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  1. Joseph D. Lewandowski (forthcoming). Teamwork as Reflexive Social Cooperation. Journal of the Philosophy of Sport:1-7.
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  2. Joseph D. Lewandowski (2009). Enlightenment and Constraints. Public Reason 1 (2).
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  3. Joseph D. Lewandowski (2005). Street Culture: The Dialectic of Urbanism in Walter Benjamin’s Passagen-Werk. Philosophy and Social Criticism 31 (3):293-308.
    This article develops a sociological reading of Walter Benjamin’s ‘Arcades Project’, or Passagen-werk . Specifically, the essay seeks to make explicit Benjamin’s non-dualistic account of structure and agency in the urban milieu. I characterize this account as the ‘dialectic of urbanism’, and argue that one of the central insights of Benjamin’s Passagen-werk is that it locates an emergent and innovative cultural form - a distinctive ‘street culture’ or jointly shared way of modern urban life - within haussmannizing techniques of architectural (...)
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  4. Joseph D. Lewandowski (2003). Critical Theory and the Sociology of Knowledge. International Studies in Philosophy 35 (4):149-151.
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  5. Joseph D. Lewandowski (2000). Thematizing Embeddedness: Reflexive Sociology as Interpretation. Philosophy of the Social Sciences 30 (1):49-66.
    This article examines the interpretive dimensions of human action. Although it takes the reflexive sociology of Pierre Bourdieu as its starting point, the article attempts to develop a more robust hermeneutical account of the reflexivity of social actors and those who study them than Bourdieu himself has considered. It is argued that interpretation is best understood not as the homologous expression of inculcated structures but rather as context-sensitive and reflexively context-transforming action—or what the author wishes to characterize, respectively, as first- (...)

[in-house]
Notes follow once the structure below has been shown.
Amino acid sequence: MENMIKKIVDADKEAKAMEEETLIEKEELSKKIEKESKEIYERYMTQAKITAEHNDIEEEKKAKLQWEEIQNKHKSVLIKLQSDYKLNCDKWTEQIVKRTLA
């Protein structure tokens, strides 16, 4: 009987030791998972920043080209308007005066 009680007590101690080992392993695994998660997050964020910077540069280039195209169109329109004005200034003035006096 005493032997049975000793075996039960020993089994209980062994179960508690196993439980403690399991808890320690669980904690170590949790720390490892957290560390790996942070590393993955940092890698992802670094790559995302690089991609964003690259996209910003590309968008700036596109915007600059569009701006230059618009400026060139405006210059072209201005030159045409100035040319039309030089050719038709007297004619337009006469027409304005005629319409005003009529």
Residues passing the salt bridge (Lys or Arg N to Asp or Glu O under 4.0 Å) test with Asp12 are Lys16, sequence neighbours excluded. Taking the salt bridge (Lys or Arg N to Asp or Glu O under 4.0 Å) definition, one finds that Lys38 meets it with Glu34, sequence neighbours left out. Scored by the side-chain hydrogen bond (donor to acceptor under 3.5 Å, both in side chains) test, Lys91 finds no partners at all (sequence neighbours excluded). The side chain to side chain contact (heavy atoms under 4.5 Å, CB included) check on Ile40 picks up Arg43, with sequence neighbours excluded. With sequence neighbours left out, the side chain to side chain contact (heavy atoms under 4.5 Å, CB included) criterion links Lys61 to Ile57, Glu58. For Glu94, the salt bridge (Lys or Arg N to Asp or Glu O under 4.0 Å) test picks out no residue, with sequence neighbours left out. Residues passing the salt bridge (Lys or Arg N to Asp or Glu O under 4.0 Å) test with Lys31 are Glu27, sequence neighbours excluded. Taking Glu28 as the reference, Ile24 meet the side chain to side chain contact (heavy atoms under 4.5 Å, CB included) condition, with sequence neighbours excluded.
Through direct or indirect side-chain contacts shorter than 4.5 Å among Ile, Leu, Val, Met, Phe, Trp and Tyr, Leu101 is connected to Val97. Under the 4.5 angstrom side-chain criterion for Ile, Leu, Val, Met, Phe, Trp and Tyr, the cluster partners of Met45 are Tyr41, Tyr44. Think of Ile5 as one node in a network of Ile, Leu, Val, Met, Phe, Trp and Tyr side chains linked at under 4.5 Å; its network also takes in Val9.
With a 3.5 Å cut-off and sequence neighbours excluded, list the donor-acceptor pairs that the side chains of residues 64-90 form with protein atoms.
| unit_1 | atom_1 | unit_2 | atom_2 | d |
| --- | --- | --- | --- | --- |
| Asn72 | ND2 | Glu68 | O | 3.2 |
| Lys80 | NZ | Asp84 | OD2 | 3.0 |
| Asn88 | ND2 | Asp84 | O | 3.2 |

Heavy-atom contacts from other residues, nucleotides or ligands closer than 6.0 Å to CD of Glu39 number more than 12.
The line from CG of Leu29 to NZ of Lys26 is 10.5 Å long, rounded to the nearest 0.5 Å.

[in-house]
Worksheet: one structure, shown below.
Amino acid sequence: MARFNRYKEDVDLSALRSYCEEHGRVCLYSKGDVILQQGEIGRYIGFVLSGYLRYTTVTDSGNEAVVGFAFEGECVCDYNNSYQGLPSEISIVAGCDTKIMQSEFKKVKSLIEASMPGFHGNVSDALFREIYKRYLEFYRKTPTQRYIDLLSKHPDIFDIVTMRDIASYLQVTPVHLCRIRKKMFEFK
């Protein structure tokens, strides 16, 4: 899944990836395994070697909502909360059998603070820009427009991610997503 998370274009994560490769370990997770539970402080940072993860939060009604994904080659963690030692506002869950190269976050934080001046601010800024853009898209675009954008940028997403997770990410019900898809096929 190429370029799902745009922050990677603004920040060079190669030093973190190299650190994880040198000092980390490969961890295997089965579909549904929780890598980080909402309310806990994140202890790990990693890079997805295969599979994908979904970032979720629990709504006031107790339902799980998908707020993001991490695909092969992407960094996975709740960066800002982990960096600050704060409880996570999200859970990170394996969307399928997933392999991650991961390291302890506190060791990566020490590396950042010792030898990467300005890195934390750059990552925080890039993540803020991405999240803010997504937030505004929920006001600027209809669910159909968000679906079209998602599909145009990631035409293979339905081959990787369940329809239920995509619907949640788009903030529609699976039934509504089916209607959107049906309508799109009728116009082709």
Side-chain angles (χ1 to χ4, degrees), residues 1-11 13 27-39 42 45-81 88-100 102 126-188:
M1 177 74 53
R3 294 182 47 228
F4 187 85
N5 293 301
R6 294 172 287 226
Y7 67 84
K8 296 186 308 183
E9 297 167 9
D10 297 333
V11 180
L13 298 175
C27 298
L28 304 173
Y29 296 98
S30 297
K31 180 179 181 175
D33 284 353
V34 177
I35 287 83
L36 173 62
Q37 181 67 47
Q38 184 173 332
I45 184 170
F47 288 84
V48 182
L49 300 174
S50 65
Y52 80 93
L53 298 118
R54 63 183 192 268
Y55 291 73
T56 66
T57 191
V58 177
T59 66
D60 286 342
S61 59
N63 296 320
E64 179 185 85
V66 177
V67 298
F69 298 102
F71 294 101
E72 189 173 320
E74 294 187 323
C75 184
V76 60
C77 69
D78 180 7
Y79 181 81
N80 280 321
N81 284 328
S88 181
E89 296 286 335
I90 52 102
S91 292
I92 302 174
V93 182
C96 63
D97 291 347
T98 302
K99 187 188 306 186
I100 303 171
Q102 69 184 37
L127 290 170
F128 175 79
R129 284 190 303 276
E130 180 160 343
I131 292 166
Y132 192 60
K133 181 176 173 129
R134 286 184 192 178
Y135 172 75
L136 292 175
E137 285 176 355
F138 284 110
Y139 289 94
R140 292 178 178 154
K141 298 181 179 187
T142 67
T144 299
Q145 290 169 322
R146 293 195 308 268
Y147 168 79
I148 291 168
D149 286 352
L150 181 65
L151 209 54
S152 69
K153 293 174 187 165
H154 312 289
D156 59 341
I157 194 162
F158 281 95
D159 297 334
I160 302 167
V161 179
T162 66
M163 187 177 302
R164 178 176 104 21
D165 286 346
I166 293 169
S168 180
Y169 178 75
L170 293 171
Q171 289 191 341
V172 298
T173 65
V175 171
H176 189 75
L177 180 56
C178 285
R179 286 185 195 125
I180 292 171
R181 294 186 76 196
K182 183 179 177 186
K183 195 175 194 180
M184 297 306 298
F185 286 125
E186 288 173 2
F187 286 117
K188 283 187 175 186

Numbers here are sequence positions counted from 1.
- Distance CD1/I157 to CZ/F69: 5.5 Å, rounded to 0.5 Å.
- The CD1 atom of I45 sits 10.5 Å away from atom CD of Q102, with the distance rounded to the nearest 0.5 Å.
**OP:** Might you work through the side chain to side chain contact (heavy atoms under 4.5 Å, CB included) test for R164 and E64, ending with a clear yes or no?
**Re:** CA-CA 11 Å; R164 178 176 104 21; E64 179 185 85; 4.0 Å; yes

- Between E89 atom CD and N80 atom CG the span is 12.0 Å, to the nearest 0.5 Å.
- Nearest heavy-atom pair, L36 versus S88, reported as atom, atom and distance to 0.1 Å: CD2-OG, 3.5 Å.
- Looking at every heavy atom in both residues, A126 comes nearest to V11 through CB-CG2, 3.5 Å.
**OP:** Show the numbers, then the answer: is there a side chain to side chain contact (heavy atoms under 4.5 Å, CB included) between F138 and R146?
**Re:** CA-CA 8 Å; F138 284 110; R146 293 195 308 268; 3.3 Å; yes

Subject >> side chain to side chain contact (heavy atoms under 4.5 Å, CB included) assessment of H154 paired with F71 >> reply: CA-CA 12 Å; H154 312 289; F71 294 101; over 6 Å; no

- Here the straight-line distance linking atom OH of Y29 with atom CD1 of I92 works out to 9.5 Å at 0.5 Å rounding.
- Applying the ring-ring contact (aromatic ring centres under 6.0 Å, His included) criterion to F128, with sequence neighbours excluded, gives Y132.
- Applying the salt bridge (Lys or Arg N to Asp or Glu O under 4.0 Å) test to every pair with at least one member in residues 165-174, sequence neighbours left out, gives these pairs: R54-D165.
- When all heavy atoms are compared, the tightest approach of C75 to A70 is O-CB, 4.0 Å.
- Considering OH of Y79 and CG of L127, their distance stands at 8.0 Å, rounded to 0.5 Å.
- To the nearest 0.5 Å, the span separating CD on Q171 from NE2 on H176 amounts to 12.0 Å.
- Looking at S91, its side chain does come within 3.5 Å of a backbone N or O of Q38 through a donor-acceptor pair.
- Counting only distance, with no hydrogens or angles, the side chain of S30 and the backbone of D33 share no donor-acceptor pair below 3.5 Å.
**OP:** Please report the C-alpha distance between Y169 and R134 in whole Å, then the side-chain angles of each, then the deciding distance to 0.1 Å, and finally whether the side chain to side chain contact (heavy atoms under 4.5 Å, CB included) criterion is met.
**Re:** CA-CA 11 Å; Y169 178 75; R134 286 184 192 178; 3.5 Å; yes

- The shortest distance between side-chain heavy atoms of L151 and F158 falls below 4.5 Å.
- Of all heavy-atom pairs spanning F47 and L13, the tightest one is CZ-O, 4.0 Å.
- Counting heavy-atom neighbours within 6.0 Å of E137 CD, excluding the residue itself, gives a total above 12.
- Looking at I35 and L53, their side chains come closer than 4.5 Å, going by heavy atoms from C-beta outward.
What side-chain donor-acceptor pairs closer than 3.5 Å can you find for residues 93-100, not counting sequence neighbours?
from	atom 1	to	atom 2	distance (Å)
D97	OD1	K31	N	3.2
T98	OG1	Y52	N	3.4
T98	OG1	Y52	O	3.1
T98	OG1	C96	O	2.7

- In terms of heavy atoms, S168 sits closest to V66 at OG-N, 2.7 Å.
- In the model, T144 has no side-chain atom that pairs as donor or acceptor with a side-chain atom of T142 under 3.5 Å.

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  6. Joseph D. Lewandowski (1996). Adorno on Jazz and Society. Philosophy and Social Criticism 22 (5):103-121.
    In this essay I offer a philosophical-political reconstruction of Theodor Adorno's engagements with jazz. Rather than consider whether or not Adorno got jazz 'right', I give an account of how and why Adorno develops the criticisms that he does. I argue that in Adorno's analysis of jazz three interpenetrating claims emerge: (1) a rejection of jazz's sense of improvisation and spontaneity; (2) a demonstration of jazz's entwinement with the modern technologiza tion of everyday life; and (3) a critique of jazz's (...)
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  7. Joseph D. Lewandowski (1994). Review Essay: Heidegger, Literary Theory and Social Criticism. Philosophy and Social Criticism 20 (3):109-122.
  8. Joseph D. Lewandowski (1993). The Transparent Society. By Gianni Vattimo. Modern Schoolman 70 (3):231-234.
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